However, this has fuelled the narrative from critics that ETFs encourage short-term trading and are mainly used to make tactical allocations.
While the tactical use of ETFs still remains an option, a recent survey from Vanguard has found this is not the most favoured way fund buyers use the ETF wrapper.
The research, which surveyed over 400 European ETF buyers between January and March 2018, found 47% use ETFs as part of their core holdings while just 24% use them to make tactical adjustments. Some 16% buy ETFs for portfolio completion and 4% for liquidity management.
The report said: “The ETF market is more sophisticated and nuanced than many investors realise and although tactical use of ETFs does exist, it is far from the most popular reason for buying ETFs.
“Among three of the four countries analysed, the most popular motive is buy and hold, suggesting investors recognise ETFs as a long-term investment tool.”
For UK fund buyers surveyed, the most cited length of time they held an ETF for was between 1-3 years with 41% of respondents stating this while this was also the case for German and Swiss buyers with 42% of respondents highlighting this time period.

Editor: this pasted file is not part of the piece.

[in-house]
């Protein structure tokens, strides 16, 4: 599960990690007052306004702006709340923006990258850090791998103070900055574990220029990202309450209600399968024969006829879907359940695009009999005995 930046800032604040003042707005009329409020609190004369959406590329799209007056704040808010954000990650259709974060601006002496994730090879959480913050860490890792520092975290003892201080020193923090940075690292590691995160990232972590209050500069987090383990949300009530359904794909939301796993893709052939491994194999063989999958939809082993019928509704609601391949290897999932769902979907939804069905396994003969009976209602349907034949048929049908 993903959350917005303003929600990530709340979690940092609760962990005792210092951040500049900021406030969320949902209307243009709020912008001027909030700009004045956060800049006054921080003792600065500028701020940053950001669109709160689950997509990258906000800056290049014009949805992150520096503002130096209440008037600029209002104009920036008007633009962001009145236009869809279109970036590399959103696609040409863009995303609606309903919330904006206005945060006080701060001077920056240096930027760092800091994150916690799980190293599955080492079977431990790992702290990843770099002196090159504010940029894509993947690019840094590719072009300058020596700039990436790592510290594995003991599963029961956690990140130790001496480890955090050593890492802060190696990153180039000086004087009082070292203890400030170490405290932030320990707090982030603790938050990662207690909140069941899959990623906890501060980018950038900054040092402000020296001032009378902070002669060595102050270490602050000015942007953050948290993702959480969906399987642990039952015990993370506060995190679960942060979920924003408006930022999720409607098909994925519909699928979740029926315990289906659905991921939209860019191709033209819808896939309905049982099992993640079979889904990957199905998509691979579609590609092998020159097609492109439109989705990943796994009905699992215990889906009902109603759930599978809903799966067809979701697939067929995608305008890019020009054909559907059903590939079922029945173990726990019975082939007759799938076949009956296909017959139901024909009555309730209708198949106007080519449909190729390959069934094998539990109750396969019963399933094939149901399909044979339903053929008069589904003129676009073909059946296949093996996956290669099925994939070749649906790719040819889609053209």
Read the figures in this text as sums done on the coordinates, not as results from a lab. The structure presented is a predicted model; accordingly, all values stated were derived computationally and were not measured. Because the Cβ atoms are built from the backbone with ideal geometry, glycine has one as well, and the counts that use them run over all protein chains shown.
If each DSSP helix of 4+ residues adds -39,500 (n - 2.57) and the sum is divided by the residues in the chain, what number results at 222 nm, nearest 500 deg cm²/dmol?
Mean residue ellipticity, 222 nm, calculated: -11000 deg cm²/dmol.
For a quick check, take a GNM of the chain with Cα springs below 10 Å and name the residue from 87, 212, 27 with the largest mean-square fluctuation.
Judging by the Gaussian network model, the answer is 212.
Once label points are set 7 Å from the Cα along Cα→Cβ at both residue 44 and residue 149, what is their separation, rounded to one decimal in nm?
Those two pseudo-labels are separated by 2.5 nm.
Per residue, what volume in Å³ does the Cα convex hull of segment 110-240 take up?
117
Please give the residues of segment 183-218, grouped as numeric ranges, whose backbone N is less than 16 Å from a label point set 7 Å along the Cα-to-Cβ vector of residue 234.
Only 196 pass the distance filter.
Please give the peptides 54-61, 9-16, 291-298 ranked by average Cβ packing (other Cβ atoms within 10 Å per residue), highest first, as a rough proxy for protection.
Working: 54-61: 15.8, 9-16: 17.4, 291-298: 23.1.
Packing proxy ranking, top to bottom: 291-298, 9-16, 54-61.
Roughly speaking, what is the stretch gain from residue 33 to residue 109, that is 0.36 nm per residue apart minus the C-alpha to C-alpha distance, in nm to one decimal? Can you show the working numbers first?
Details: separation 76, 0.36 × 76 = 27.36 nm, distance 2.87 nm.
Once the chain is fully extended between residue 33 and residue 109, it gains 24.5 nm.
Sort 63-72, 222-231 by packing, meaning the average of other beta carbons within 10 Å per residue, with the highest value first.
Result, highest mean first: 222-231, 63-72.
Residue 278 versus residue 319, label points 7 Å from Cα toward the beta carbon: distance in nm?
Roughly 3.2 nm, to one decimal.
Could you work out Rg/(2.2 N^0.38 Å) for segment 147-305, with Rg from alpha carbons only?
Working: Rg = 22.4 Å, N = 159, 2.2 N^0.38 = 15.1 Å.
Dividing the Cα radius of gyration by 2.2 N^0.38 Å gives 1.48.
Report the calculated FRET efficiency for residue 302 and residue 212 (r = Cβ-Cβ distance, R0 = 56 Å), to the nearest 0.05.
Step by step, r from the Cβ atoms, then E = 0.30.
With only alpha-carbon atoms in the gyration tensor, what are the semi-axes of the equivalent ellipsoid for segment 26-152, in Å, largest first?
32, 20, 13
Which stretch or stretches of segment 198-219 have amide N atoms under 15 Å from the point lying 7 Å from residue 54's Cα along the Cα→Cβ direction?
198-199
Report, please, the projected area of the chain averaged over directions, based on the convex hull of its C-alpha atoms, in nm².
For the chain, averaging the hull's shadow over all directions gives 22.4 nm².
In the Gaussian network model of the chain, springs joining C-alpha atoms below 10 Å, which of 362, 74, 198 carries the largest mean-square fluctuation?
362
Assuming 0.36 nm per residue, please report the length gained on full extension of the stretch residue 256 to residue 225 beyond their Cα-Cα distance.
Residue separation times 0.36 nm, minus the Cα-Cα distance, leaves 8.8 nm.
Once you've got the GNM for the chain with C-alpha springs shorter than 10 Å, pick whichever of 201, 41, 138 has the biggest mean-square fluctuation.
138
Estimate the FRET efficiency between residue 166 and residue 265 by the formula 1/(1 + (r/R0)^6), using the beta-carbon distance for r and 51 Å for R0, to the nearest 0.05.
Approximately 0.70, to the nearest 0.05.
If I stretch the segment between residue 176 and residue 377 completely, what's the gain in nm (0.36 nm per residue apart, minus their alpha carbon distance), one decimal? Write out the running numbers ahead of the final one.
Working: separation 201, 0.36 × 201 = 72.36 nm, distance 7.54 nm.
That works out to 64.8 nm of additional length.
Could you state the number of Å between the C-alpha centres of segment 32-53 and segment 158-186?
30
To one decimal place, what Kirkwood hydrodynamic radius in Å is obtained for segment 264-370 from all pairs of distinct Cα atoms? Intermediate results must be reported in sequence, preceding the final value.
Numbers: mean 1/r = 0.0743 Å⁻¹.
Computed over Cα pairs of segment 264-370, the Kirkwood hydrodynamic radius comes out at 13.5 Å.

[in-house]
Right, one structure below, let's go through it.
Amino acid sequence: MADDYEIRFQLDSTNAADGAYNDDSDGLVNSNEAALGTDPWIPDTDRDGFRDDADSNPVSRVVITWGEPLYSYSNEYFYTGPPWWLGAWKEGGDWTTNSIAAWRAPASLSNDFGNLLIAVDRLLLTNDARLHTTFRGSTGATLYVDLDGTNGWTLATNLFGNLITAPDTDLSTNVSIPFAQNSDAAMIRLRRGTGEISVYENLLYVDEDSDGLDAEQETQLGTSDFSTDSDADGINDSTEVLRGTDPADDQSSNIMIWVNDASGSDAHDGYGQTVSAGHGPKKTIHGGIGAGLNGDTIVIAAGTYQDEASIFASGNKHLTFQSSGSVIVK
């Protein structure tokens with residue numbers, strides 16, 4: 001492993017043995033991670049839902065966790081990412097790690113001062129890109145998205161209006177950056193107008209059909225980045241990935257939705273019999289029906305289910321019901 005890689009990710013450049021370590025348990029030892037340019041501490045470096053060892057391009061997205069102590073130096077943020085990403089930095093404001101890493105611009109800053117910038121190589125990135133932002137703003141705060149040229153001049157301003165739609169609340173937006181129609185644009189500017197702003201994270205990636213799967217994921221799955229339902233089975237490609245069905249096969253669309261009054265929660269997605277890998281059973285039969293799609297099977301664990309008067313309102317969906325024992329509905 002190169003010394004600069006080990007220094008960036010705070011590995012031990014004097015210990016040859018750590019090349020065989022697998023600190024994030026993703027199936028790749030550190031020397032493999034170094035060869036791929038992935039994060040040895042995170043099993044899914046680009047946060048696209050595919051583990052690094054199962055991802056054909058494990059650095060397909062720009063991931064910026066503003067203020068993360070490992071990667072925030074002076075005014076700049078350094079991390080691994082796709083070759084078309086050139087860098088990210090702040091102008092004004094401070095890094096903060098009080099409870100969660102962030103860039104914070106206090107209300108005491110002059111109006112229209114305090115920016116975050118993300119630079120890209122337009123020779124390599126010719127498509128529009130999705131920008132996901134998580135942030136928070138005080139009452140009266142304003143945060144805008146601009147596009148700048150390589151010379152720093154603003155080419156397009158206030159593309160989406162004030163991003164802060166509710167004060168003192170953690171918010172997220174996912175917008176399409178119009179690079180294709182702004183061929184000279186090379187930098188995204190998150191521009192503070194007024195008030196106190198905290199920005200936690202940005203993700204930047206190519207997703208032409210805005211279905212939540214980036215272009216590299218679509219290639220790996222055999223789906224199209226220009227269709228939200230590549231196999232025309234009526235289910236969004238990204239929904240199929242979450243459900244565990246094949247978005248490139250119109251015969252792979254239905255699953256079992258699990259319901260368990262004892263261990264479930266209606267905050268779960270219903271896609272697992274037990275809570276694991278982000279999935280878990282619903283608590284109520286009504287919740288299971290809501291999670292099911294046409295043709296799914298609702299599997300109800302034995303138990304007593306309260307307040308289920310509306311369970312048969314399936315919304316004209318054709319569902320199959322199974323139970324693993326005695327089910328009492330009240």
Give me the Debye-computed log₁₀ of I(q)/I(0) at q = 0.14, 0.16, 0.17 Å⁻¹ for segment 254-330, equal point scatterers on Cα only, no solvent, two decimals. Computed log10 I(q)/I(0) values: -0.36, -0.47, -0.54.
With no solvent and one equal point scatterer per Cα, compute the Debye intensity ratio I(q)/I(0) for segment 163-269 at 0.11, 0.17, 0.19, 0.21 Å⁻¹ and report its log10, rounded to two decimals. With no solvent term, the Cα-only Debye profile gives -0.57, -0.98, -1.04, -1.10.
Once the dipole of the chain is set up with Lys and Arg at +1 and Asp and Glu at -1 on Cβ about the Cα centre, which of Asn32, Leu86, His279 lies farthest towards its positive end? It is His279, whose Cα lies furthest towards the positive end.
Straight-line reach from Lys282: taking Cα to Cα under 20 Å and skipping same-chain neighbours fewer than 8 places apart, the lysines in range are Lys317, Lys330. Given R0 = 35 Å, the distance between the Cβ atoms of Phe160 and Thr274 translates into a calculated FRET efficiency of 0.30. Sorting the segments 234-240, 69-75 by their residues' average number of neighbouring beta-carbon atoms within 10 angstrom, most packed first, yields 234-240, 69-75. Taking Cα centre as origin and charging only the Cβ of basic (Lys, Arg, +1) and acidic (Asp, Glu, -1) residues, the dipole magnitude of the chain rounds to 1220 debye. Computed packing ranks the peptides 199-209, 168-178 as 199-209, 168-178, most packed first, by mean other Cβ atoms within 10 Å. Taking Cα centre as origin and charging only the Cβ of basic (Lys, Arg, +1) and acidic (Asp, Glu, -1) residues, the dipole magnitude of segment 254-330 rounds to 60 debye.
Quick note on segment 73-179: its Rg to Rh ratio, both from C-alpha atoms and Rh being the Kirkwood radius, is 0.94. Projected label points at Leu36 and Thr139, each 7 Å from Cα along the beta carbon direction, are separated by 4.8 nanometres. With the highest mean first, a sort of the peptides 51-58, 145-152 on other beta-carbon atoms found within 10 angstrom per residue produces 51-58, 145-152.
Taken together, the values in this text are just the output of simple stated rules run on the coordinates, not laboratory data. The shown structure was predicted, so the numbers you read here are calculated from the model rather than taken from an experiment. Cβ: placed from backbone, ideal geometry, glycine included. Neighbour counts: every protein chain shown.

Some 35% of Italian fund buyers hold ETFs for 6-12 months, the highest score out of all the time periods while just 27% said 1-3 years.
Meanwhile, Italian and Swiss fund buyers typically hold ETFs for a shorter time than their German and UK counterparts with just 6% and 8% owning an ETF for more than 3 years. The most Germans hold ETFs for more than 3 years (39%) while 24% of UK fund buyers typically own an ETF for this time period.
“Regional differences in ETF use are also reflected in the length of time buyers hold ETFs for,” it said. “The majority of Italian buyers hold an ETF for less than a year; in Germany and the UK, however, holding periods are longer with most buyers holding ETFs for between one and three years.”